The O’Fallon Progress
The O’Fallon City Council is considering more specific guidelines about solicitation.
City attorney Todd Fleming said the four amended ordinances that will be up for final approval Sept. 3 are the result of the state seeking further clarity regarding language.
The council advanced the revisions on first reading Monday. The city must remove the panhandling language to ensure they are only talking about “solicitation,” as defined in ordinance 111.02. During a legal review, Fleming determined the changes are necessary to be compliant with state and federal case law.
As for pedestrians soliciting rides or business, the city prohibits hitchhikers or people soliciting standing in the roadway or highway. Anyone soliciting contributions is also banned, unless expressly permitted by the code.
Solicitations from groups registered as charitable organizations must be on file with city clerk’s office and only take place at intersections controlled by stop signs, and not allowed at intersections with traffic signals. Individuals must be at least 16 years old and wearing reflective vests. They must provide evidence of insurance to the city. And the solicitation is weekends only.
Additionally, they must be engaged in a statewide fund-raising activity and liable for any injuries to any person or property during the solicitation. If the ordinances pass Sept. 5, it will be effective 10 days after its publication in pamphlet form, as required by law.
One of the amendments clarifies canvassers and canvassing. A canvasser is one conducting a poll, survey or petition drive; sharing, communicating or otherwise conveying ideas, views or beliefs; or disseminating oral or written information to a person willing to directly receive such information for political, religious, charitable purposes or otherwise.
Charitable is defined as patriotic, philanthropic, social service, health, welfare, benevolent, educational, civic, cultural or fraternal.
Handbills are defined as any commercial or non-commercial handbill, pamphlet, circular, newspaper, paper, newsletter, booklet, poster, leaflet, brochure or other printed or written materials that have been cast, deposited, placed, scattered or thrown onto the property of a business or residence in the absence of a subscription agreement. An ordinance also defines a peddler and peddling.
Any solicitor who does not immediately and peacefully depart from any premises when asked to do so, invited or not, will be considered a nuisance. Permit holders through the director of public safety have specific hours and days to abide by.
McDonald new deputy city clerk
O’Fallon City Clerk Jerry Mouser announced the new deputy city clerk is Misty McDonald, who has been the administrative services coordinator in the clerk’s office the past 7 1/2 years.
McDonald replaces Maryanne Schrader, who moved to Florida after 23 years in the position. McDonald had subbed for Schrader taking council minutes and in other capacities over the years.
Mouser said McDonald “would do a great job.”
Other city council action
In other action, the council approved a special event request from Monica Vecera State Farm Insurance for a 25th Anniversary Celebration from 4-7 p.m. Friday, Oct. 4, at 620 Pierce Boulevard, Suite 200.
The parking lot will have a tent with snacks, drinks and giveaways. Truckeria del Valle food truck will provide food. Music will be played through a portable speaker.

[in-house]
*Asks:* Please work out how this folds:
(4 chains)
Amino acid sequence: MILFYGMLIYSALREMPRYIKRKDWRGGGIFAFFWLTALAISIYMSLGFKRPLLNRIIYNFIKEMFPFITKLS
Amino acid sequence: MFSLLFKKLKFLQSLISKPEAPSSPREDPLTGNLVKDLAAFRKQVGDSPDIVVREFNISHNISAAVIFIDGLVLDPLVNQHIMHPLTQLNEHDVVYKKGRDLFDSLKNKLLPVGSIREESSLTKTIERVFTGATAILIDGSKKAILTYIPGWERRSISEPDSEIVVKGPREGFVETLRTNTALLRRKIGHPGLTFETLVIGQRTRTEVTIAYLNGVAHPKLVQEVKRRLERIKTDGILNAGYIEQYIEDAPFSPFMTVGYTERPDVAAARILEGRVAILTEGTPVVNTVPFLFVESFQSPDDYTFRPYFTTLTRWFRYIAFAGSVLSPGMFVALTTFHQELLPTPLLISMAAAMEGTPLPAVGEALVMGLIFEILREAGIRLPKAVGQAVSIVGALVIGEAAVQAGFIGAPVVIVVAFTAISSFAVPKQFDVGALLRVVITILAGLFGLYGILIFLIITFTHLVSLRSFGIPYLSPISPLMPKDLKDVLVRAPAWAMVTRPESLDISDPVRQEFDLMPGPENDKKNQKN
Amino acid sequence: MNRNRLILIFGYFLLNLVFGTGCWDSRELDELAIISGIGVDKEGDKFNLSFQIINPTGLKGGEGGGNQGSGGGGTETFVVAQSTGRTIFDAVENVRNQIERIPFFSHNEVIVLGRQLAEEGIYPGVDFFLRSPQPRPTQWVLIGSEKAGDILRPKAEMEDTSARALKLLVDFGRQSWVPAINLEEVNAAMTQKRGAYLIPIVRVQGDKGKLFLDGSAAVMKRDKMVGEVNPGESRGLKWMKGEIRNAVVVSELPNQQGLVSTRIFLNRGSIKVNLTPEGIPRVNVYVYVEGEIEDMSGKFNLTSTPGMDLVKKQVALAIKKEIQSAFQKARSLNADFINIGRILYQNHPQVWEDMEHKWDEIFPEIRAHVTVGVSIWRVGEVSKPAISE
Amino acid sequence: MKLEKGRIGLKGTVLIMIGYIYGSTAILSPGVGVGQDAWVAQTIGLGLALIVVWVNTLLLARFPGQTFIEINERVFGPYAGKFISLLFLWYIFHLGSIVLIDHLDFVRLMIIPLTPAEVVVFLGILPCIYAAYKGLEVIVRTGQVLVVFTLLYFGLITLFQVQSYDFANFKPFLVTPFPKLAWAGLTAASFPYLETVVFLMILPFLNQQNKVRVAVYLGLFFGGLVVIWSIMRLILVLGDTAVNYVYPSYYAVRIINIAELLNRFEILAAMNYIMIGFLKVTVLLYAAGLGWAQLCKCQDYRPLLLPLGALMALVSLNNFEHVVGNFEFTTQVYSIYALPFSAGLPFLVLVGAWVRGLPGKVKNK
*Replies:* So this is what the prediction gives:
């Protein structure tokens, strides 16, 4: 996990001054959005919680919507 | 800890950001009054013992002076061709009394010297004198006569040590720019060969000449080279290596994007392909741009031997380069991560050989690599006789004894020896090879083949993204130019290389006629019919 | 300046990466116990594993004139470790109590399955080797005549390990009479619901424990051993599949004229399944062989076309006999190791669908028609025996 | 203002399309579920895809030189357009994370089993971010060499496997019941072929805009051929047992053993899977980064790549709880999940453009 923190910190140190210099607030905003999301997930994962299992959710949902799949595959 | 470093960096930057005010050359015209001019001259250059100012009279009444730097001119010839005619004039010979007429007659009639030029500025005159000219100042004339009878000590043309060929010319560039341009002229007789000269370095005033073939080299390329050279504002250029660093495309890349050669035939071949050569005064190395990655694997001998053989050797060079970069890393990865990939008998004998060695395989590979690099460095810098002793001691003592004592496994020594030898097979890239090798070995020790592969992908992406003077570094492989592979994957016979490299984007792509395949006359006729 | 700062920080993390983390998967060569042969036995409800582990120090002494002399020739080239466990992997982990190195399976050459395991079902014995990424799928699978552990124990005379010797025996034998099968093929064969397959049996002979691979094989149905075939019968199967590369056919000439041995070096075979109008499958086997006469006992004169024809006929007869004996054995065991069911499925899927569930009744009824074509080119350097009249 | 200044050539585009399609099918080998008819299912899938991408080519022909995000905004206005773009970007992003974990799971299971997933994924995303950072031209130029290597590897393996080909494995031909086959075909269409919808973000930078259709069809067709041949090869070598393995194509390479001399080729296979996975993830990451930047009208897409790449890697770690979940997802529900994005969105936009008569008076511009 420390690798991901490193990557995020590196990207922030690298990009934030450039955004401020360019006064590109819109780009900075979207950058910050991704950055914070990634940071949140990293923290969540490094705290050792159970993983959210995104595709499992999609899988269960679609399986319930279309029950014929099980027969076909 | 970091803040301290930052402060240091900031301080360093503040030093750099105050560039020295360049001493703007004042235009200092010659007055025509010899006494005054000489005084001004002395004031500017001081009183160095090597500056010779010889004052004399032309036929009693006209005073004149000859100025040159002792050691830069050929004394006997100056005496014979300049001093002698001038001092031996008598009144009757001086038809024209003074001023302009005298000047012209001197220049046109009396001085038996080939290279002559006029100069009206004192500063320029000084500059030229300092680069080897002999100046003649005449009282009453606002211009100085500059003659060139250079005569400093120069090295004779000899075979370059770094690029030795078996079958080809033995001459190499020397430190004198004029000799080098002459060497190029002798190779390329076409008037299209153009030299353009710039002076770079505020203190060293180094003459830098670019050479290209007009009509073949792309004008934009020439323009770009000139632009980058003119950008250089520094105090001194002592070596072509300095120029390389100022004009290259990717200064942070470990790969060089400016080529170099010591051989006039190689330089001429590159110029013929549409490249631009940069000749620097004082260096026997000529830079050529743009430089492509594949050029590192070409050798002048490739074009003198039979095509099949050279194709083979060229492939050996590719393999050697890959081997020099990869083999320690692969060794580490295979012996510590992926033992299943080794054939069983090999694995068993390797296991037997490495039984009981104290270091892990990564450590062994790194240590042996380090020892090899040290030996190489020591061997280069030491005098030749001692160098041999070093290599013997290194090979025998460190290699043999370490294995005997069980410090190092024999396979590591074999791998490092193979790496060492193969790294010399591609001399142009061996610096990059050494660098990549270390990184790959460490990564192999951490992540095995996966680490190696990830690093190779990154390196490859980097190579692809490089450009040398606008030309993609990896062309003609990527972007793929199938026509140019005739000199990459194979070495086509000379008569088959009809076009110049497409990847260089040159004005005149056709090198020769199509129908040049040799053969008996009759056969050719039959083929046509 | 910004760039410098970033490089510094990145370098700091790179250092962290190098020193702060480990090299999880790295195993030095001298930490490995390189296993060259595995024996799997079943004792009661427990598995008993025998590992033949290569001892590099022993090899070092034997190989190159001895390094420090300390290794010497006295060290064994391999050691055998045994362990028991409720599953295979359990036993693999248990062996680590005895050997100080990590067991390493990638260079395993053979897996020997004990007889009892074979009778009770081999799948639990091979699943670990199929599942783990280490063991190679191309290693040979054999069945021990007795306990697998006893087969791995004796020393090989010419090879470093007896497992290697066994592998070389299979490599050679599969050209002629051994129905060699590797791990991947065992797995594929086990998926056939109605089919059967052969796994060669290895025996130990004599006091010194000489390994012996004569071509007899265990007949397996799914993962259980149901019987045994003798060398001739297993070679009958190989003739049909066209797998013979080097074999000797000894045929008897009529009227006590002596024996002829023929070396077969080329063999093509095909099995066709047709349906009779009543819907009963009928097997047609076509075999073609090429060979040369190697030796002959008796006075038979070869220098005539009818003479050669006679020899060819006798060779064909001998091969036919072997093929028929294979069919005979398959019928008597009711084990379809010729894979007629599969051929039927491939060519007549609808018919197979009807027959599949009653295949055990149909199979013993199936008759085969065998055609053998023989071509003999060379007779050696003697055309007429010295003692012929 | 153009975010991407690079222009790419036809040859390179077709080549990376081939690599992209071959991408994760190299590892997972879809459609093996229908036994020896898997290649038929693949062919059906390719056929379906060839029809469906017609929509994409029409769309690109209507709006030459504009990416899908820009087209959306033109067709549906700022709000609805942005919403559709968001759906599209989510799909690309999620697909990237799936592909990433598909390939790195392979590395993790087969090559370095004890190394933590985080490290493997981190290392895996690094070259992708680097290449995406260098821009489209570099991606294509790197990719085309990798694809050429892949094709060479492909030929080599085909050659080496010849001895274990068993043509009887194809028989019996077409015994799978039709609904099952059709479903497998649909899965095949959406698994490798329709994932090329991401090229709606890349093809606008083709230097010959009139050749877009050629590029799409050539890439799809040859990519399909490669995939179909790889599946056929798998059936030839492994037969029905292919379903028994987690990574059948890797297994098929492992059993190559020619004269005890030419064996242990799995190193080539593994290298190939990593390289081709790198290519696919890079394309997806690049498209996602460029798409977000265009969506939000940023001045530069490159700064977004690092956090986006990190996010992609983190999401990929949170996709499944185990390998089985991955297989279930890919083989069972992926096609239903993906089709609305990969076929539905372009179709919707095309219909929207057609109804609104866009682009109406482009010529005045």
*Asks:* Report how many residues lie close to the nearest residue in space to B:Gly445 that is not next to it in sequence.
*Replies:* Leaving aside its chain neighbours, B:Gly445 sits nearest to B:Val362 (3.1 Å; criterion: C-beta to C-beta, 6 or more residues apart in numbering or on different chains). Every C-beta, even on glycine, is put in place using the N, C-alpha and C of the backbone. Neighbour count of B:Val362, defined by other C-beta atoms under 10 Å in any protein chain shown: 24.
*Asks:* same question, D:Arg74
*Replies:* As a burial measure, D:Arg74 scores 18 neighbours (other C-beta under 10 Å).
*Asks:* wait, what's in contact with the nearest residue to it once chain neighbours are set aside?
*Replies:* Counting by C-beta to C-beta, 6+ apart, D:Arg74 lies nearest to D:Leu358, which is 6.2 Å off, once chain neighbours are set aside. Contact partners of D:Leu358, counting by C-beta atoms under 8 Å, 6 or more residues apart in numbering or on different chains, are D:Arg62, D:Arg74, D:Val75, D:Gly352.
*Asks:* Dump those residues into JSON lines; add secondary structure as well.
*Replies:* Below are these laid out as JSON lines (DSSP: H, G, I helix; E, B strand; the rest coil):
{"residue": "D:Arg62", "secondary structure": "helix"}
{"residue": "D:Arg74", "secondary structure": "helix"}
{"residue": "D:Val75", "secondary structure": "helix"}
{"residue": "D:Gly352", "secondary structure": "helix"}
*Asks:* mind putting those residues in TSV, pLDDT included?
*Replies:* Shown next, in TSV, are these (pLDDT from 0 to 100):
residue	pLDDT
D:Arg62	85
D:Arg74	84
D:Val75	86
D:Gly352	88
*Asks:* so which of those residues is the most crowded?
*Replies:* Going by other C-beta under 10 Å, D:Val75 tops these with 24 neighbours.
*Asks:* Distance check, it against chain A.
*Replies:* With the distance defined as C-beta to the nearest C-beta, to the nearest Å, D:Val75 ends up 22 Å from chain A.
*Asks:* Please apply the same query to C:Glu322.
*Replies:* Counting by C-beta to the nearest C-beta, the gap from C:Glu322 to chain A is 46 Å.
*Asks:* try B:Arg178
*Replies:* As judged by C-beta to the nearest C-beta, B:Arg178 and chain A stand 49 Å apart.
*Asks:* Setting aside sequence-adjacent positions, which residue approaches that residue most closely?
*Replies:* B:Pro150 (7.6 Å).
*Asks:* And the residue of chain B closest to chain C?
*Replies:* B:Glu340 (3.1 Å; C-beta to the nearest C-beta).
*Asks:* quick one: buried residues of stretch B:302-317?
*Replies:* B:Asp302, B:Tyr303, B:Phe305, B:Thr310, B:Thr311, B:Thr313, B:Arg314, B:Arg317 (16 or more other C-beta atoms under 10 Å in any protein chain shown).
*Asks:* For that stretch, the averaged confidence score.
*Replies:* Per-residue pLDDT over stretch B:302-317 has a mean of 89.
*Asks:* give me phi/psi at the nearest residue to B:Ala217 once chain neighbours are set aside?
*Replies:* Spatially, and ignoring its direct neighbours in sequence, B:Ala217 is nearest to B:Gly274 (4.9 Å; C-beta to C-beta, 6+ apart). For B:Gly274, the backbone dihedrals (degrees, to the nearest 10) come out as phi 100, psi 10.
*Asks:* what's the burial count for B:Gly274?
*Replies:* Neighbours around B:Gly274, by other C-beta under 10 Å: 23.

Truckeria del Valle will be required to get special event coupons from the Illinois Department of Revenue so the appropriate sales tax collected and remitted to the state is coded to O’Fallon as well as insuring they are remitting the 1 percent food and beverage tax to the city.
The council approved the mayor’s reappointments to the Historic Preservation Commission: Steve Brown, Susan Hertich and Brian Keller for three-year terms expiring in 2022; Robert Jordan, Mark Kampen and Andrea Fohne for two-year terms expiring in 2021; and Timi McMillin and Julie Spengler for one-year terms expiring in 2020.
The council appointed Shannan Mason to the Historic Preservation Commission for a one-year term expiring in 2020.
Also at Monday’s meeting, a proclamation was presented to the family and staff of Schildknecht Funeral Home, which is commemorating 70 years in business and now has a third-generation involved.
Mayor thanks City Fest volunteers, celebrates 200th consecutive meeting
The mayor thanked all of the City Fest volunteers and sponsors. He singled out the aldermen who served on the committee — Kevin Hagarty, Ross Rosenberg and Dan Witt — as well as Fleming.
Roach mentioned a letter he had received from a family thanking the city for the “quiet hour” for rides Saturday, as their son has a sensory disorder. As he explained in his column, Roach said between 1 and 2 p.m. the sound was lowered and mostly eliminated as much as possible for anyone impacted by loud noises.
An O’Fallon family said they appreciated the low sensory entertainment Saturday as well.
“They stated that many times getting through the day can be a challenge. But, on Saturday they were able to enjoy watching their child play and do things other kids get to do and enjoy being part of the community. Very heartwarming!” Roach said.
The mayor announced evening hours from 5-7 p.m. Wednesday and Saturday hours from 10 a.m. to noon Aug. 24 — all at city hall.
Nancy Roach, the mayor’s wife of 50 years, delivered a cake to commemorate Herb Roach’s 200th consecutive council meeting. Roach, elected mayor in 2017, had served as an alderman for six years before that.
“I have not missed a council meeting during that time,” Roach said.
Roach did share his mayoral duties Monday night, as J.E. Hinchcliffe Elementary fourth grader Kannon Seipp served as “Mayor for the Day” at the meeting.